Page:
La mise en forme simplifiée s’harmonise avec des turbulateurs nouveaux et plus audacieux et la technologie Vortec pour réduire la traînée de 40% à mi-descente et 15% dans l’ensemble pour augmenter la vitesse du club.

Un son travaillé

Une recherche approfondie et une simulation par ordinateur couplée à la théorie de la musique ont permis aux ingénieurs de concevoir une architecture interne qui a affiné les fréquences pour produire un son plus profond et plus silencieux.

Facile à régler

Vous pouvez optimiser les conditions d’envol avant un parcours en réglant le loft de +-1° maximum avec cinq réglages en utilisant un embout du hosel en aluminium 7075 léger, aérodynamique et ultra résistant.

Shaft Graphite ALTA CB 55 ( Soft Reg 53g, reg 55g, Stiff 59g)

Le shaft à point d’équilibre élevé. Le centre de gravité est plus proche de l’extrémité du grip pour une tête plus lourde : moment d’inertie augmenté et centre de gravité abaissé. Vous aurez ainsi plus de puissance, d’élan et d’inertie et parcourrez avec précision une plus grande distance.

Shaft graphite Tour 65 ( Reg 57g, Stiff 61g)

Retrouvez également les autres Drivers disponibles de la Marque PING.

Couvre club fourni +Clé de reglage

Garantie constructeur: un (1) an à compter de la date de facturation, selon les conditions de garantie de la marque.


How to Throw a Disc Golf Disc Using the X-Step

disc golf x-step

The X-step in disc golf is one of the fastest ways to increase your distance. There are many ways to approach throwing a golf disc, but the X-step has proven to be one of the most effective methods for achieving maximum distance.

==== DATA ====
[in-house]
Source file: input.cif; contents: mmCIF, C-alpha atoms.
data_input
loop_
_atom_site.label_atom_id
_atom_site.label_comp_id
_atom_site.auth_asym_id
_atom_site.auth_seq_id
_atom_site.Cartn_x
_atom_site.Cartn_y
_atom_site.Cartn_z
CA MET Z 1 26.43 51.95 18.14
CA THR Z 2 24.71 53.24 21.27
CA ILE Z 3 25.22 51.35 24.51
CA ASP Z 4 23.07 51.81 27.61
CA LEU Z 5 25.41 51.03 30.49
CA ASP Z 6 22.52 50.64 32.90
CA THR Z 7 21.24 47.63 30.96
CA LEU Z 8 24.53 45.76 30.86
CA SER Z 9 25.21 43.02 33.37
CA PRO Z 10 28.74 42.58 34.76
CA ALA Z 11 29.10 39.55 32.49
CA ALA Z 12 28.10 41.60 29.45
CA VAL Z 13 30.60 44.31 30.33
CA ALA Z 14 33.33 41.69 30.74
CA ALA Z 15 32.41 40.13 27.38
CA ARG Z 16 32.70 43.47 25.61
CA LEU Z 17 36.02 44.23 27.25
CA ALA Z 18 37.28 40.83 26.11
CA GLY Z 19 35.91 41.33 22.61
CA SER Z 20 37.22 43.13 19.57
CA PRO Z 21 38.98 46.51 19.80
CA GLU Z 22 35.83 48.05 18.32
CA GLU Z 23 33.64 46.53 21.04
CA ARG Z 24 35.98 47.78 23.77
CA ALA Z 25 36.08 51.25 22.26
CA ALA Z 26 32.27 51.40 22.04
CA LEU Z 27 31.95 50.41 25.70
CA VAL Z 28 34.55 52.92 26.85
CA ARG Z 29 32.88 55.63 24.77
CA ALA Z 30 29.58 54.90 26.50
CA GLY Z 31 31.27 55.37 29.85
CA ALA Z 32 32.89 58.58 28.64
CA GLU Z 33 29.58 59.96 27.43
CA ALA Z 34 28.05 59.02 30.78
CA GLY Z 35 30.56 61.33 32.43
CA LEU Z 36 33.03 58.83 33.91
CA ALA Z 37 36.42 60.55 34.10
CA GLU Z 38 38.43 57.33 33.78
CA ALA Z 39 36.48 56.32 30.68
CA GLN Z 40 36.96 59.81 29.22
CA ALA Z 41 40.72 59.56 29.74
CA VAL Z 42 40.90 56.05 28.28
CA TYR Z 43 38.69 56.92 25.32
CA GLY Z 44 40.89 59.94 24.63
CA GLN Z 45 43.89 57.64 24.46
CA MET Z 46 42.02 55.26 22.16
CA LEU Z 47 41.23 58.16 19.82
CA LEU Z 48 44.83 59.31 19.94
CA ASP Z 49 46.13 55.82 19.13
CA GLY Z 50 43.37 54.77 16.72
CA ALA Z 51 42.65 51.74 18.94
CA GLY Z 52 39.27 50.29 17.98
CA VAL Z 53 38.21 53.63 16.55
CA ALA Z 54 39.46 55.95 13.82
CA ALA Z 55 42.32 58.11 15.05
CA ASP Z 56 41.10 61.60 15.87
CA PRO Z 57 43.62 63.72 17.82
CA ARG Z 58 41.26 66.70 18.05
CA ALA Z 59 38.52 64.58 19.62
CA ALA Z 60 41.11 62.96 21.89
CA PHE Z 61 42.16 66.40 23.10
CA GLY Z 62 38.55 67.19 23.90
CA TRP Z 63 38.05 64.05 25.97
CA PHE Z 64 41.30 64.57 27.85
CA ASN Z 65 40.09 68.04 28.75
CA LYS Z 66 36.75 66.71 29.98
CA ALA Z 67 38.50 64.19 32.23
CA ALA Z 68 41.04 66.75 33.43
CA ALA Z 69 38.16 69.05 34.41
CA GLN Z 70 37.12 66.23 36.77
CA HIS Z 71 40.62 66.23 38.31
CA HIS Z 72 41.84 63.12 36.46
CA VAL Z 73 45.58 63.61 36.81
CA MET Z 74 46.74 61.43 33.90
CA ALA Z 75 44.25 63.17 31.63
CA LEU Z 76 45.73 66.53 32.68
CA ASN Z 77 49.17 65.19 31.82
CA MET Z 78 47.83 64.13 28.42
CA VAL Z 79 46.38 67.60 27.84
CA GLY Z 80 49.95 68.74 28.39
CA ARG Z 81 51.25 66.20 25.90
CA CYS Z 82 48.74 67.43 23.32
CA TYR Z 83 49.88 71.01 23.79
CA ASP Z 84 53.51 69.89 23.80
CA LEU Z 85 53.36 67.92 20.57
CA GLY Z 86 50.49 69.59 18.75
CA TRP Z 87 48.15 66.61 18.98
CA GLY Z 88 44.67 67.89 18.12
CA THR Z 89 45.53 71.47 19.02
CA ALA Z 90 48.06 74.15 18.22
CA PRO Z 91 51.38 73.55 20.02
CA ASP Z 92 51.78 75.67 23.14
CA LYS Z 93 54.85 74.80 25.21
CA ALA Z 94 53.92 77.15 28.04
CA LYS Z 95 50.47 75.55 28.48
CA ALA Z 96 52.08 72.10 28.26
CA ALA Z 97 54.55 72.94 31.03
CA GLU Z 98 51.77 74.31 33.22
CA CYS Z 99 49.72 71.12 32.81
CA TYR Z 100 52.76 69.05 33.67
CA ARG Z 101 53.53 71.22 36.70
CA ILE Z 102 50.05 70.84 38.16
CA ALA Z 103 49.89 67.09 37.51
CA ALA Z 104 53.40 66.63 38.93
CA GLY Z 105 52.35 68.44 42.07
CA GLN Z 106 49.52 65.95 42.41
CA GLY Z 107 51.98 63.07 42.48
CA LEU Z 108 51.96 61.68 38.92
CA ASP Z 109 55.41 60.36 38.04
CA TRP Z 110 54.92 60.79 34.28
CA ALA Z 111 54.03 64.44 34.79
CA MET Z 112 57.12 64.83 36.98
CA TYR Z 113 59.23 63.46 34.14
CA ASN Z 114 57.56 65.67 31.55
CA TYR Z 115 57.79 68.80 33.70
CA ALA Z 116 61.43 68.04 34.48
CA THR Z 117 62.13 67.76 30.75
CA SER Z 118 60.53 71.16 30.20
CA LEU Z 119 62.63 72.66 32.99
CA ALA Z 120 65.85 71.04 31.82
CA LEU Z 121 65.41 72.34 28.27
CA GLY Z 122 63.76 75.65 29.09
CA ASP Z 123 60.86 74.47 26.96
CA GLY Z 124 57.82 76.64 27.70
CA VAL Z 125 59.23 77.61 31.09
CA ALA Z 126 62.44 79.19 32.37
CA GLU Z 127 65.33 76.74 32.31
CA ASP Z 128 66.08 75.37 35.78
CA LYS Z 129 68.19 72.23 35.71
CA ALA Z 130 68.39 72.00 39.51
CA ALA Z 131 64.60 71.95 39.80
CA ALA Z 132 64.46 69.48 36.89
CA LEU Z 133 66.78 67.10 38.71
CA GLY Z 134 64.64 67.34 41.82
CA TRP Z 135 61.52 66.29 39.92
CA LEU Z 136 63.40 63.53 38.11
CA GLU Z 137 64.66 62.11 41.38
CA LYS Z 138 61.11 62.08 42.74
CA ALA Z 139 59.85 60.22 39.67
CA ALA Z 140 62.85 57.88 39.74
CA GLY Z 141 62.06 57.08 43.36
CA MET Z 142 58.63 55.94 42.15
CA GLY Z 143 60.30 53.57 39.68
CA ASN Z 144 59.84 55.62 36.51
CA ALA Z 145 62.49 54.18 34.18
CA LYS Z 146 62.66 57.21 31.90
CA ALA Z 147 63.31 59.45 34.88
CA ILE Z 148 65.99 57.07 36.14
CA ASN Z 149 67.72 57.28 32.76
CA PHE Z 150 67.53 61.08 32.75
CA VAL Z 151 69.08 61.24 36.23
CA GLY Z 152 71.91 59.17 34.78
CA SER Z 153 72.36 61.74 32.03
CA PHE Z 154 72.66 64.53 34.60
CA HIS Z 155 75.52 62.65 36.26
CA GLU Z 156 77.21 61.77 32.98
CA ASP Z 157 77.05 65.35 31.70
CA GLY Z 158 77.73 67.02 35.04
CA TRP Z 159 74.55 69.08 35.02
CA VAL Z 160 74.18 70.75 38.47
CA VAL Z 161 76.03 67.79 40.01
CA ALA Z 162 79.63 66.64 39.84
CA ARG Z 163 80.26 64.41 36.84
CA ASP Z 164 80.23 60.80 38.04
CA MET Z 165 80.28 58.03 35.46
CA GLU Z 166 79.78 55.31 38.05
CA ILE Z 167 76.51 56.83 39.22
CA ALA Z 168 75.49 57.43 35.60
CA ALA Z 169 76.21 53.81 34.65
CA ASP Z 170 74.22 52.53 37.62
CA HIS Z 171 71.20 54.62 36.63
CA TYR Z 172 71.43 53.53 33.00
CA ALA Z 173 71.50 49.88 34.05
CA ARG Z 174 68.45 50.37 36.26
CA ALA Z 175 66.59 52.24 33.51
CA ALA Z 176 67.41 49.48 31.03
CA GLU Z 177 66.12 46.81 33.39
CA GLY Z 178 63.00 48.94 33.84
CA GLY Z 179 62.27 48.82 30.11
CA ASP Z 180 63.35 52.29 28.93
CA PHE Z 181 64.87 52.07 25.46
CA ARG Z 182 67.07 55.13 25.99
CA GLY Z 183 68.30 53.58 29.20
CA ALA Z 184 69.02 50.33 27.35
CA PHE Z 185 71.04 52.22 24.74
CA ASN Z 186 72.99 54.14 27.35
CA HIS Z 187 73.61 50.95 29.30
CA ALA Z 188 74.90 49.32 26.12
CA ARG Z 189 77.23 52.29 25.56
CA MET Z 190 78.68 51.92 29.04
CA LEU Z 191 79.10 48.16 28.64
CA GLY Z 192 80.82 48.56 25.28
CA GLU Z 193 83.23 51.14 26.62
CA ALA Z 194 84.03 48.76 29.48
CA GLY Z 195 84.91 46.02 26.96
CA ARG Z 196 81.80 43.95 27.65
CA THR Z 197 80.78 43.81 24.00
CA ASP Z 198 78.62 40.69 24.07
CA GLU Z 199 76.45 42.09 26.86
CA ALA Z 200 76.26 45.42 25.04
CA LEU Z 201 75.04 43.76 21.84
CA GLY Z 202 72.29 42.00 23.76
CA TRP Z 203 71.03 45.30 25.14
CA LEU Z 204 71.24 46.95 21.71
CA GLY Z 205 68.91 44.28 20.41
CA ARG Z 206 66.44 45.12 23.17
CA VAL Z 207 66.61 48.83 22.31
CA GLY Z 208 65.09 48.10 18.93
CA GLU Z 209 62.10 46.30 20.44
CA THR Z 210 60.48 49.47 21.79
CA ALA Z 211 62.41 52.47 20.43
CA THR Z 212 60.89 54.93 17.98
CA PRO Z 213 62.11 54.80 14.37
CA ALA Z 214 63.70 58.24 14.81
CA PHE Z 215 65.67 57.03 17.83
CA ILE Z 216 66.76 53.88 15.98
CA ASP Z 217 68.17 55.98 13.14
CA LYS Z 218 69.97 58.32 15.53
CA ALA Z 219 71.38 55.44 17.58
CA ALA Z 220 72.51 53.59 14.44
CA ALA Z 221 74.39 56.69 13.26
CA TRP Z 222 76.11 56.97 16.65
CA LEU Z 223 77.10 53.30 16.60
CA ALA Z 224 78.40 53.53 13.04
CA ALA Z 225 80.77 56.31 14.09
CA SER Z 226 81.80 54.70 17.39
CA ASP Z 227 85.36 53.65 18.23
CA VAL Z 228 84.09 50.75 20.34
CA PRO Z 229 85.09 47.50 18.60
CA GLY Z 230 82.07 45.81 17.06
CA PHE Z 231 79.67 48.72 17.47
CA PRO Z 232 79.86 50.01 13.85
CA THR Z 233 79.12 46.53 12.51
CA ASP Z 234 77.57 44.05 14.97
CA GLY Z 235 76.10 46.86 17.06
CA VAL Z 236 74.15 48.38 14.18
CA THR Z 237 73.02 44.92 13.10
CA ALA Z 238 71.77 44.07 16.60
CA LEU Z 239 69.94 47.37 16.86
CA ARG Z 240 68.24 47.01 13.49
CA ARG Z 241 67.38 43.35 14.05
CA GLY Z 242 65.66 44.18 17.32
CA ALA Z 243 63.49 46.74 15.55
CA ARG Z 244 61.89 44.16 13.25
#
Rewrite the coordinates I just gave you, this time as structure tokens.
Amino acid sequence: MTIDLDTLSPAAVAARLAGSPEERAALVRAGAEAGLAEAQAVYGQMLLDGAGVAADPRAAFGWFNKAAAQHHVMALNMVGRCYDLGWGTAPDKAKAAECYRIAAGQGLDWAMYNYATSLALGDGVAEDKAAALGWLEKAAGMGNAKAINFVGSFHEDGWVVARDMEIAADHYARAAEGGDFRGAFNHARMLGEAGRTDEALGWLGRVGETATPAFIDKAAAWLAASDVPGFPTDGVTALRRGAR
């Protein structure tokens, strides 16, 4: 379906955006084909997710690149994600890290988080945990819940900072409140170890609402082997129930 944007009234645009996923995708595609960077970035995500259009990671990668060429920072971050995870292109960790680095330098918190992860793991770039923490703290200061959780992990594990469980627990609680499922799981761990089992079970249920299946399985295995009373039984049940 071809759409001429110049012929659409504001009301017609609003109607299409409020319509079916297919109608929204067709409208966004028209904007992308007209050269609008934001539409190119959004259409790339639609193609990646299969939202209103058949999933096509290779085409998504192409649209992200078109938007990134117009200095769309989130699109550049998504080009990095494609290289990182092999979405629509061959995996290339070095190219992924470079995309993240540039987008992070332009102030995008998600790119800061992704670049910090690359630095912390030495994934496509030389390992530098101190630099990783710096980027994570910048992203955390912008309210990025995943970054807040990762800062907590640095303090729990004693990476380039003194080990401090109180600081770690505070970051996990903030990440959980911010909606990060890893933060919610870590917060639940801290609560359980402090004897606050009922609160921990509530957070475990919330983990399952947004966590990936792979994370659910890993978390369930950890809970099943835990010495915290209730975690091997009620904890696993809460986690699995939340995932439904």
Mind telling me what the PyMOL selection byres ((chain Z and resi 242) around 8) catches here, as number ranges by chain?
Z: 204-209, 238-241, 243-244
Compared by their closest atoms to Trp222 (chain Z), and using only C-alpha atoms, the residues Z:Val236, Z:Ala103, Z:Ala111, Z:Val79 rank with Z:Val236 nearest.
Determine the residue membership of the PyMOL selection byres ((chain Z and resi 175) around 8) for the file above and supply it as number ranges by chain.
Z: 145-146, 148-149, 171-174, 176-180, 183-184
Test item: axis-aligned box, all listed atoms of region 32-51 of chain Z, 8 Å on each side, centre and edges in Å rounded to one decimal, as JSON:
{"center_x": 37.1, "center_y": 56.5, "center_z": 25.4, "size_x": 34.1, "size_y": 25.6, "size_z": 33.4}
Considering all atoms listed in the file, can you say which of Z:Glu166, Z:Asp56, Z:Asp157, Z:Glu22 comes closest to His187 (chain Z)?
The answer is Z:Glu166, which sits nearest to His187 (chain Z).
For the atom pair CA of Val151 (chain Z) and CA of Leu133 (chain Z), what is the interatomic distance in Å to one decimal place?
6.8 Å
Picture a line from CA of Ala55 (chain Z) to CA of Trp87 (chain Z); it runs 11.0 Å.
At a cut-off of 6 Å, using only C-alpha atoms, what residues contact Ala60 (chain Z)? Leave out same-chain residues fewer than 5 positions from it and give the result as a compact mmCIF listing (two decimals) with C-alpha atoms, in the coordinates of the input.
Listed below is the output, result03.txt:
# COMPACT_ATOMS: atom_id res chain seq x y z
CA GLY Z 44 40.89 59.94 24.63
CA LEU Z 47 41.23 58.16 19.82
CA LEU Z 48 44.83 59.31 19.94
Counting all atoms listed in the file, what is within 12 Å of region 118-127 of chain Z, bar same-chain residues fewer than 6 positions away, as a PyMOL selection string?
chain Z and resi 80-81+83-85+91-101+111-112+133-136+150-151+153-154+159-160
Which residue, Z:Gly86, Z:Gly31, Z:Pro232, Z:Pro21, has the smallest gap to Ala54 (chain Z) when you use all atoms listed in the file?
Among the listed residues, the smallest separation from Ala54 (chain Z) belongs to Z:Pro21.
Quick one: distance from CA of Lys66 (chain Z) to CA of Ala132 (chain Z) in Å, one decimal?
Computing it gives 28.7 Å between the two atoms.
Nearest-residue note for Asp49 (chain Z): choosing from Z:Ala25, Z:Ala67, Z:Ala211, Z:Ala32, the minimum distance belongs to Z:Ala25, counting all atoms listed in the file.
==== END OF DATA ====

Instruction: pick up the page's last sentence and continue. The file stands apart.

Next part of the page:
The X-step is footwork used by players in disc golf to engage the largest muscle groups in the body. This footwork transfers the optimal force into the disc propelling it forward great distances.

How do you execute the X-step when throwing a golf disc? The X-step is performed in four steps (from the perspective of a right handed player):

  1. Step with your left foot forward
  2. Step with your right foot forward and across the front of the left foot
  3. Step with your left foot behind the right foot creating an X with your legs
  4. Reach with your right foot out in front as far as you can

After you have taken these four steps, you’ll be locked and loaded to actually throw your disc. However, just following these simple steps is not enough. To actually gain distance from this, you’ll need to understand exactly how to position your body during each stage.

It can be easy to place your feet or hips r shoulders in the wrong direction and negate the power that could be gained from this movement.

Once you understand the fundamentals of this process, you’ll still need to practice it many times to develop the appropriate muscle memory. Understanding the steps and stages is important, but doing it correctly many times is what will really payoff.

Performing the X-Step – With Diagrams

Let’s look at the X-step in 11 stages so we can see where our bodies should be positioned at each point.

Stage 1

Start in a neutral position at the back of the tee box. Sometimes it is useful to stand at the front of the tee box and take four giant steps backwards. This will put you at about the right distance away from where you’ll end your footwork.

Point your feet directly at your target to start.

Stage 2

Take one step forward with your left foot. Your left foot should be planted with the toes still pointing forward toward your target. This should be a small step forward just to get your momentum going.

Stage 3

Begin to bring your right foot forward. Your shoulders and hips will start to open up to the left.

Stage 4

Plant your right foot in front of and across your left foot. Your right foot should be forward more than your left foot in a staggered position pointing to the side of the tee box. This will allow you to easily move into the next step.

Stage 5

Begin to pull your left foot behind your right foot. At this point both feet will be pointed to the left of the tee box. Also, your shoulders and hips will be pointed this direction.